I need to rant for a minute.
I need to call bullshit on everyone who preaches to simply "trust the process."
So many people spew this statement when it comes to weight loss and body composition change. But, honestly, where in life can you sit back and simply trust the process without putting in the work to understand it and grind a bit to make it work for you? For example, when you need to find a job you send resumes, fill out applications, follow up, send thank you cards, network, etc. You don't simply apply for a job and sit back and trust that someone will contact you. You have know and understand the work to put in to get your desired outcome.
This morning I was reading through a few posts on a Facebook group I am a part of. A woman posted that a coach had sent her a macronutrient breakdown that she had been working to remain compliant with. Unfortunately she was feeling too exhausted to workout and her cravings were out of control which was leading to binges a few times per week, completely obliterating any progress she had made. Many other members of the group responded by saying, "trust the process!" "Give it time, everything will start working!" I posted that I couldn't disagree more. When your body is telling you something isn't working, trust it. Tune into the signals it is sending you and make the changes that you need to feel better, which will ultimately allow you to perform better and make more progress toward your goal. Do some investigative work around why what you are doing isn't effective for you, so you can implement something different.
Maybe I am sensitive to the statement because of my personal story. I'll tell you about it real quick... I was about three weeks into the weight loss program I had joined and I signed up for a coaching call to check in with my coach and discuss how things were going. On the call I shared that I was down around 13 pounds already and questioned the fact that I was taking in around 800 calories per day. My rational brain knew that I needed more food and more nutrients to improve the way I was functioning and the way I felt. My coach was shocked that I would question the system and stated, "if it ain't broke, don't fix it." I questioned again if I should eat more and he firmly told me that I needed to just "trust the process." At this point I knew nothing about fitness or nutrition and I had paid him to help me get results, so I carried on, trusting the process.
Now, I don't regret any part of the path I took to get to where I am at this very moment. Looking back, I only wish that I had been more mindful to tuning into what my gut was telling me. I was eating 800 calories per day and was dropping weight like crazy, but I was literally starving and was typically quite lethargic. I wasn't interested in learning about the process, I was only interested in the end result, hoping to be happy with the way my body looked. If I had taken the time to understand the process, or had a coach who was willing to teach me a rational process to reach my goals, I would have realized much earlier that eating in such a caloric deficit was not going to help me achieve the aesthetics I desired.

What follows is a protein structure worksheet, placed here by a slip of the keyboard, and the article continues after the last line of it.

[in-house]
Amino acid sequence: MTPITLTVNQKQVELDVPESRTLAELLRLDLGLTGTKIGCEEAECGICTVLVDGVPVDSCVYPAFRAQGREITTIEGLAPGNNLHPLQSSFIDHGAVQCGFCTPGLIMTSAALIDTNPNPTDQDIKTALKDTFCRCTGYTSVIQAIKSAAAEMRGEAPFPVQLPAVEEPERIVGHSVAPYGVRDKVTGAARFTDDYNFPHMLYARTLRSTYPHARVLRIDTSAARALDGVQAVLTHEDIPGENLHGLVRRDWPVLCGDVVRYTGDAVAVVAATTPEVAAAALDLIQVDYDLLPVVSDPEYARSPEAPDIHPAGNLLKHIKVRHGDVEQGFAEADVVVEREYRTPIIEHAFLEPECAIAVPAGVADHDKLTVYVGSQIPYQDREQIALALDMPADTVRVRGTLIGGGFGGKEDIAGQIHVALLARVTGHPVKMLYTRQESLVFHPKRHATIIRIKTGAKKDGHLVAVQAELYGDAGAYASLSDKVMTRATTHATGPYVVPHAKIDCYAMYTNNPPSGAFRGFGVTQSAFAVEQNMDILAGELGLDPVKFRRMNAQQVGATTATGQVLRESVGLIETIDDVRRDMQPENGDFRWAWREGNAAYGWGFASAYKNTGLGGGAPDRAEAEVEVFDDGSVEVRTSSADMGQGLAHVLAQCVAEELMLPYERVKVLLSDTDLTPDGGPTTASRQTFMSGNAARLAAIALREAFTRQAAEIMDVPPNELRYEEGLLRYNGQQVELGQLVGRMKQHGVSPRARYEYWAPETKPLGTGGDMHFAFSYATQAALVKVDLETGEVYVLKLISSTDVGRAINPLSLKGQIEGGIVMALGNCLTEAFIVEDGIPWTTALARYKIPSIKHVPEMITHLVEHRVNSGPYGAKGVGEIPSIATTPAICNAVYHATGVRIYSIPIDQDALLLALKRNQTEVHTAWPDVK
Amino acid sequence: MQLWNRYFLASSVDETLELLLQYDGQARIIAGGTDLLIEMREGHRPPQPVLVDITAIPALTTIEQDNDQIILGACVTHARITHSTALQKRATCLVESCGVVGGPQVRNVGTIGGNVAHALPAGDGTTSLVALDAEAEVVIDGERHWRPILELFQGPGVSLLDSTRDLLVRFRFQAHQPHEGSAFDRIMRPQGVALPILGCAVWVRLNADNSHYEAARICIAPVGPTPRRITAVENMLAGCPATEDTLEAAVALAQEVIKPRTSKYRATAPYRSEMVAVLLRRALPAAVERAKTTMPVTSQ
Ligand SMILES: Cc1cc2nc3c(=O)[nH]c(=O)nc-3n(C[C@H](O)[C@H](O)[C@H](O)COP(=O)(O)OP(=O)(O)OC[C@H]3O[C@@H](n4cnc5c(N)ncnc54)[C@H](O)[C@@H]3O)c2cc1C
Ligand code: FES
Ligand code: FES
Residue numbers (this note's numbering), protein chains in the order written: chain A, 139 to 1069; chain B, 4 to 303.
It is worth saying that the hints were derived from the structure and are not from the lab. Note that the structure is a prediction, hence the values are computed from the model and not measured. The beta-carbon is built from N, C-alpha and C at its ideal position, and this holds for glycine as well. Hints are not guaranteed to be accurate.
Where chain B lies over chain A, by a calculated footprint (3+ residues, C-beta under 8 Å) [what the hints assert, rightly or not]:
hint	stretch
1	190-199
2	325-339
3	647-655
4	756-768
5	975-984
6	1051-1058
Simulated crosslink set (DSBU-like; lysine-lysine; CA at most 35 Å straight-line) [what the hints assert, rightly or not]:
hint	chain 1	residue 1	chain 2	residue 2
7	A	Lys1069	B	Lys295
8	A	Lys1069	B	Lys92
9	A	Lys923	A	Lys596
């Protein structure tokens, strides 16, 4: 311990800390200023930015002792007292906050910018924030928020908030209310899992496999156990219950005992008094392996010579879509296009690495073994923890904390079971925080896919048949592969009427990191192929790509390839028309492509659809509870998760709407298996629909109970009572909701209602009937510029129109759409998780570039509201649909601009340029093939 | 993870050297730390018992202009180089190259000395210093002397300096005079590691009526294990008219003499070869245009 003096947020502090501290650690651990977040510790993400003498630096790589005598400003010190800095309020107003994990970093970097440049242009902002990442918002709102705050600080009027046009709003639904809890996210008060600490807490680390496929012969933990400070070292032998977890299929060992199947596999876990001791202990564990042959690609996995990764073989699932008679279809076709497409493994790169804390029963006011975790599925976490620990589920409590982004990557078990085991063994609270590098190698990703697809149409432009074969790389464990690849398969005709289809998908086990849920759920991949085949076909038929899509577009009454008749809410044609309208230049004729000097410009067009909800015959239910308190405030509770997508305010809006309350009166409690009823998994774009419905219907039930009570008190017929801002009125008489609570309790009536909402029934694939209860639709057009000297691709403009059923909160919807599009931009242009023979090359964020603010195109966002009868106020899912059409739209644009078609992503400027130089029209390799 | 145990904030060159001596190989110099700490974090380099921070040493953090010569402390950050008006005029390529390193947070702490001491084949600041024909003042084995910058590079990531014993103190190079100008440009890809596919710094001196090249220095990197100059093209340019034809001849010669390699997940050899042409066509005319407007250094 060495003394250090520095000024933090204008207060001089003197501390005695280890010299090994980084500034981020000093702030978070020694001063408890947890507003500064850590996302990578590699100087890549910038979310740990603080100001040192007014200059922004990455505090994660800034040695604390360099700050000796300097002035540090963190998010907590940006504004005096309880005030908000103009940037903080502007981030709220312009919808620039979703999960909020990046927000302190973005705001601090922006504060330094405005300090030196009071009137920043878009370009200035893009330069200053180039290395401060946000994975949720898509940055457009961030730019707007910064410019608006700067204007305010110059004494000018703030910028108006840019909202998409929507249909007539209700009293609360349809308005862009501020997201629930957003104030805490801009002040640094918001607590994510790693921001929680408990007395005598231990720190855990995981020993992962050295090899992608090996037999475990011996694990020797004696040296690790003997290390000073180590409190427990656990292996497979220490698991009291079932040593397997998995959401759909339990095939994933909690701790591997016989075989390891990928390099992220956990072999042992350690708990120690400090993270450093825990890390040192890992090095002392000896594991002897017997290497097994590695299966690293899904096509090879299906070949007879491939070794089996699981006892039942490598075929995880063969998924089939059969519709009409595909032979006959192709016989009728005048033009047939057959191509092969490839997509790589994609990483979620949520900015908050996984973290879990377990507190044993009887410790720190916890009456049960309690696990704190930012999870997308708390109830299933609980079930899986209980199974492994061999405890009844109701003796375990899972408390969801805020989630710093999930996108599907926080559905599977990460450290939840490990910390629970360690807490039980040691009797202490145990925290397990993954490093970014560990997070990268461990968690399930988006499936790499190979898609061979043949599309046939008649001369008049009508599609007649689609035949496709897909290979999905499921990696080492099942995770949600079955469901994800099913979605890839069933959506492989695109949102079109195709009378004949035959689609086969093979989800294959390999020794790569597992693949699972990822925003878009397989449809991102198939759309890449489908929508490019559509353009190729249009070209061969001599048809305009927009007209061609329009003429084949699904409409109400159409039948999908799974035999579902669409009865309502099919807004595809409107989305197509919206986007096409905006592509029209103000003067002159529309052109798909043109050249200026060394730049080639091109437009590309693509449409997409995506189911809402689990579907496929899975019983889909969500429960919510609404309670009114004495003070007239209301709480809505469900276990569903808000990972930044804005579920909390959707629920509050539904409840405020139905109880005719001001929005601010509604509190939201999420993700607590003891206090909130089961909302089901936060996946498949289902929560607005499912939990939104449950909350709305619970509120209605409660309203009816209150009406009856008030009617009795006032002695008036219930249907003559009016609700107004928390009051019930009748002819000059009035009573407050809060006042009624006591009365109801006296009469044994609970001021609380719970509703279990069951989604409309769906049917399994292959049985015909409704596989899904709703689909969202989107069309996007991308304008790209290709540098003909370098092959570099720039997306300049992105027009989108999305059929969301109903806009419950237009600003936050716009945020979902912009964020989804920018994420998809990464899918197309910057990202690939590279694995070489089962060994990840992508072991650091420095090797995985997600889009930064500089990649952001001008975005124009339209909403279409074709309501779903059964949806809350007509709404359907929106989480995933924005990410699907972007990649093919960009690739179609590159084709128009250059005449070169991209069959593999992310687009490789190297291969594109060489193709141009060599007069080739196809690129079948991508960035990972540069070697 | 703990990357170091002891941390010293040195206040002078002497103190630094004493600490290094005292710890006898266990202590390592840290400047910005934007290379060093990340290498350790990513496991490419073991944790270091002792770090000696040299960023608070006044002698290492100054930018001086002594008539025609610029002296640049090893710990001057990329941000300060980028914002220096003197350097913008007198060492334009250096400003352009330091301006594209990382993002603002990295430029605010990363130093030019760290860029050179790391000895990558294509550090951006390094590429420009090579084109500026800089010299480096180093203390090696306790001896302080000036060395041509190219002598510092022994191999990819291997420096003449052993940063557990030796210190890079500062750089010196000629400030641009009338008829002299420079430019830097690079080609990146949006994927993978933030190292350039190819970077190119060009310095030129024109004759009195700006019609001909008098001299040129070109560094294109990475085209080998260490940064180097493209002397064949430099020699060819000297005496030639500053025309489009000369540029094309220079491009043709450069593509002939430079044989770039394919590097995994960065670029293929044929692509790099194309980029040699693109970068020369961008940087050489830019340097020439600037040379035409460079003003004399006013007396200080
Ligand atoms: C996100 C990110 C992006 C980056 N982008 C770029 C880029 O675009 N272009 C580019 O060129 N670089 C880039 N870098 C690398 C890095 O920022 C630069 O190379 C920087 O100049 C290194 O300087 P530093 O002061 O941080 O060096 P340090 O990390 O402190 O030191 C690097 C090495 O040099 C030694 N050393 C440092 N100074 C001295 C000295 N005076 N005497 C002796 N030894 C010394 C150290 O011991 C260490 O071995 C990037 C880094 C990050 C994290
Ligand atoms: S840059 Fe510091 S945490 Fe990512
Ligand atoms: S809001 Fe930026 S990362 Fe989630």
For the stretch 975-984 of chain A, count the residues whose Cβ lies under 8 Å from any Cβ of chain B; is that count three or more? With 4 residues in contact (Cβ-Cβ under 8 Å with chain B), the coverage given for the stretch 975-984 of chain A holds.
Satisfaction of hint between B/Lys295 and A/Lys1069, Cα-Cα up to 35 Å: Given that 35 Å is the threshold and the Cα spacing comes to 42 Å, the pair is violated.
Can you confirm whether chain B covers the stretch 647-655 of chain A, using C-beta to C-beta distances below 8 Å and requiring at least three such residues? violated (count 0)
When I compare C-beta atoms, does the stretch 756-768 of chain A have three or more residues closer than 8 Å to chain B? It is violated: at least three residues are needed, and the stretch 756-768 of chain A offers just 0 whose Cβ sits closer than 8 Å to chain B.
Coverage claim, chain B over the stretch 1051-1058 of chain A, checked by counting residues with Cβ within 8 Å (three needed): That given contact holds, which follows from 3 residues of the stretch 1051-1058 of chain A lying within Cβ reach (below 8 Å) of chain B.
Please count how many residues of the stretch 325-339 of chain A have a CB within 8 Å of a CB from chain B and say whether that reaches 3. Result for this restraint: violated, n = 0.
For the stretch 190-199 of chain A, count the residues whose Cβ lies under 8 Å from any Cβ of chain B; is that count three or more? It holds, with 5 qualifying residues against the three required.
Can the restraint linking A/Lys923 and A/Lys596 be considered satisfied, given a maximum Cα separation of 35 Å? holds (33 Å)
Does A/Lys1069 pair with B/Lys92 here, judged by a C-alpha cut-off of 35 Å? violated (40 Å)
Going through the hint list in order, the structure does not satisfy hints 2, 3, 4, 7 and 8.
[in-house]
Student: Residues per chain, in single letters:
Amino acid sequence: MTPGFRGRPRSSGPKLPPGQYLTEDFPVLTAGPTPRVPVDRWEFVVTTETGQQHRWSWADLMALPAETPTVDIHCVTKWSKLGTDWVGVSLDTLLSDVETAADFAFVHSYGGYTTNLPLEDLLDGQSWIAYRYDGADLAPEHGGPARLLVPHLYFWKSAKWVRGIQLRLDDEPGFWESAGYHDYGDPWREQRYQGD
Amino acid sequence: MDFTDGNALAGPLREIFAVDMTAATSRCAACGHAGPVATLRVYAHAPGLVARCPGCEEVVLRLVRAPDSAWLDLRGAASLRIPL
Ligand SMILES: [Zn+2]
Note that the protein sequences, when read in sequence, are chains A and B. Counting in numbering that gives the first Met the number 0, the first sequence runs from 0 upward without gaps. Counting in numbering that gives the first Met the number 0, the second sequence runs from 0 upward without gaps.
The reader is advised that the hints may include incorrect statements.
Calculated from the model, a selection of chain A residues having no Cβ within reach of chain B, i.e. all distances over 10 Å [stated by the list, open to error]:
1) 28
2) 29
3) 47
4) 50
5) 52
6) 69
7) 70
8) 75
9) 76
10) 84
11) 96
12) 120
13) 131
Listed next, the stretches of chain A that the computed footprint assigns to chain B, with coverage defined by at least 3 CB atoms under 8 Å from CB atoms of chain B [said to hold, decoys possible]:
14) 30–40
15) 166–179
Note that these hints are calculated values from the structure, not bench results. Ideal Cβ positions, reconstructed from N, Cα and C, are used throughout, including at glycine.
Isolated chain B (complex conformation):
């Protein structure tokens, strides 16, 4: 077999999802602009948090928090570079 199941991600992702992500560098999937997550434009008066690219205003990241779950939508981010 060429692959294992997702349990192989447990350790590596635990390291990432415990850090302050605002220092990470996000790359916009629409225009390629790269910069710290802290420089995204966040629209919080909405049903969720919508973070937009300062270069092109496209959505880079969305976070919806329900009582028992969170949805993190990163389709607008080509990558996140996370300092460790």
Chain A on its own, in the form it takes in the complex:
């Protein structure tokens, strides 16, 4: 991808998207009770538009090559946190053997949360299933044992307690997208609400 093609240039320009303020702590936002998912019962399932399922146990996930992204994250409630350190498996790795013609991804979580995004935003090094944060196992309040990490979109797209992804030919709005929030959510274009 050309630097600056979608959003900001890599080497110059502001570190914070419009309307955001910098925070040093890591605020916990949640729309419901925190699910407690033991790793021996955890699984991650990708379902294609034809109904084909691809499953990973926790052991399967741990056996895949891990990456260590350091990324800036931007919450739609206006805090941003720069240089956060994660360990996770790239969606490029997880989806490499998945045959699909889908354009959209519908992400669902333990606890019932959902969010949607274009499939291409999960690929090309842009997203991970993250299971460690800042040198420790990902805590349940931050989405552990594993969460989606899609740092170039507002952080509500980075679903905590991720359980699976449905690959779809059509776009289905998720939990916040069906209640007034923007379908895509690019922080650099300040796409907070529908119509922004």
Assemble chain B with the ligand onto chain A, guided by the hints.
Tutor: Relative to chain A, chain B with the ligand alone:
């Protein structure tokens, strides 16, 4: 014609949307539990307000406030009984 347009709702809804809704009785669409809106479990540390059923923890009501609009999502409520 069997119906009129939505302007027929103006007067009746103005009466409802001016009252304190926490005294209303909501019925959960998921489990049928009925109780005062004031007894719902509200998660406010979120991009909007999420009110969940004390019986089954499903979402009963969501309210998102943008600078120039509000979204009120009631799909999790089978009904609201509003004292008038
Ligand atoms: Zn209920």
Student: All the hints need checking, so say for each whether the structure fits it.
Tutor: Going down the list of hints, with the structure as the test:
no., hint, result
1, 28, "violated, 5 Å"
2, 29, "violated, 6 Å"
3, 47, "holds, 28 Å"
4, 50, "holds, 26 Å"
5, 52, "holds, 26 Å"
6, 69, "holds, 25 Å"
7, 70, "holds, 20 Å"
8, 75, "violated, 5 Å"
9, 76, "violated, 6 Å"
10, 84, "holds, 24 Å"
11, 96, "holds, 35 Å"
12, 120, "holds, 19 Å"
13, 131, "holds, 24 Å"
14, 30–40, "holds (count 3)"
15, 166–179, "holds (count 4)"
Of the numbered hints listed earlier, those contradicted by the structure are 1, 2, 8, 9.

Each of our bodies respond differently to different approaches. Some people on weight loss journeys will respond better to eating lower fats and higher carbs, while others feel better eating higher fats and lower carbs. Instead of blindly following one prescribed way of doing something, why not take the time to understand and trust what your body is telling you that you need. Like I have said before; embrace and learn from your journey. The more you learn and understand about the process, the easier it will be to sustain your way of living.
I know that not everyone wants to know the scientific rationale behind why things work the way they do. But, I do think it is important to understand the basic principles of why you are doing something and why it works or doesn't work. If you have a coach who refuses to tell you why you are going low carb, carb back loading, carb cycling or utilizing intermittent fasting, it might be time to rethink who you have supporting you. The best coaches I know strive to educate and empower their clients to move toward maintaining a healthy lifestyle which includes at least teaching the basic tenants of why they are prescribing a certain nutrition or fitness plan.
Instead of blindly trusting the process, I encourage you to dig a bit deeper to understand it. Then, trust yourself to implement the right process for you.
Sarah is a licensed clinical social worker and wellness coach. Find out more about her and follow her blog at www.shestrivesforstrength.com.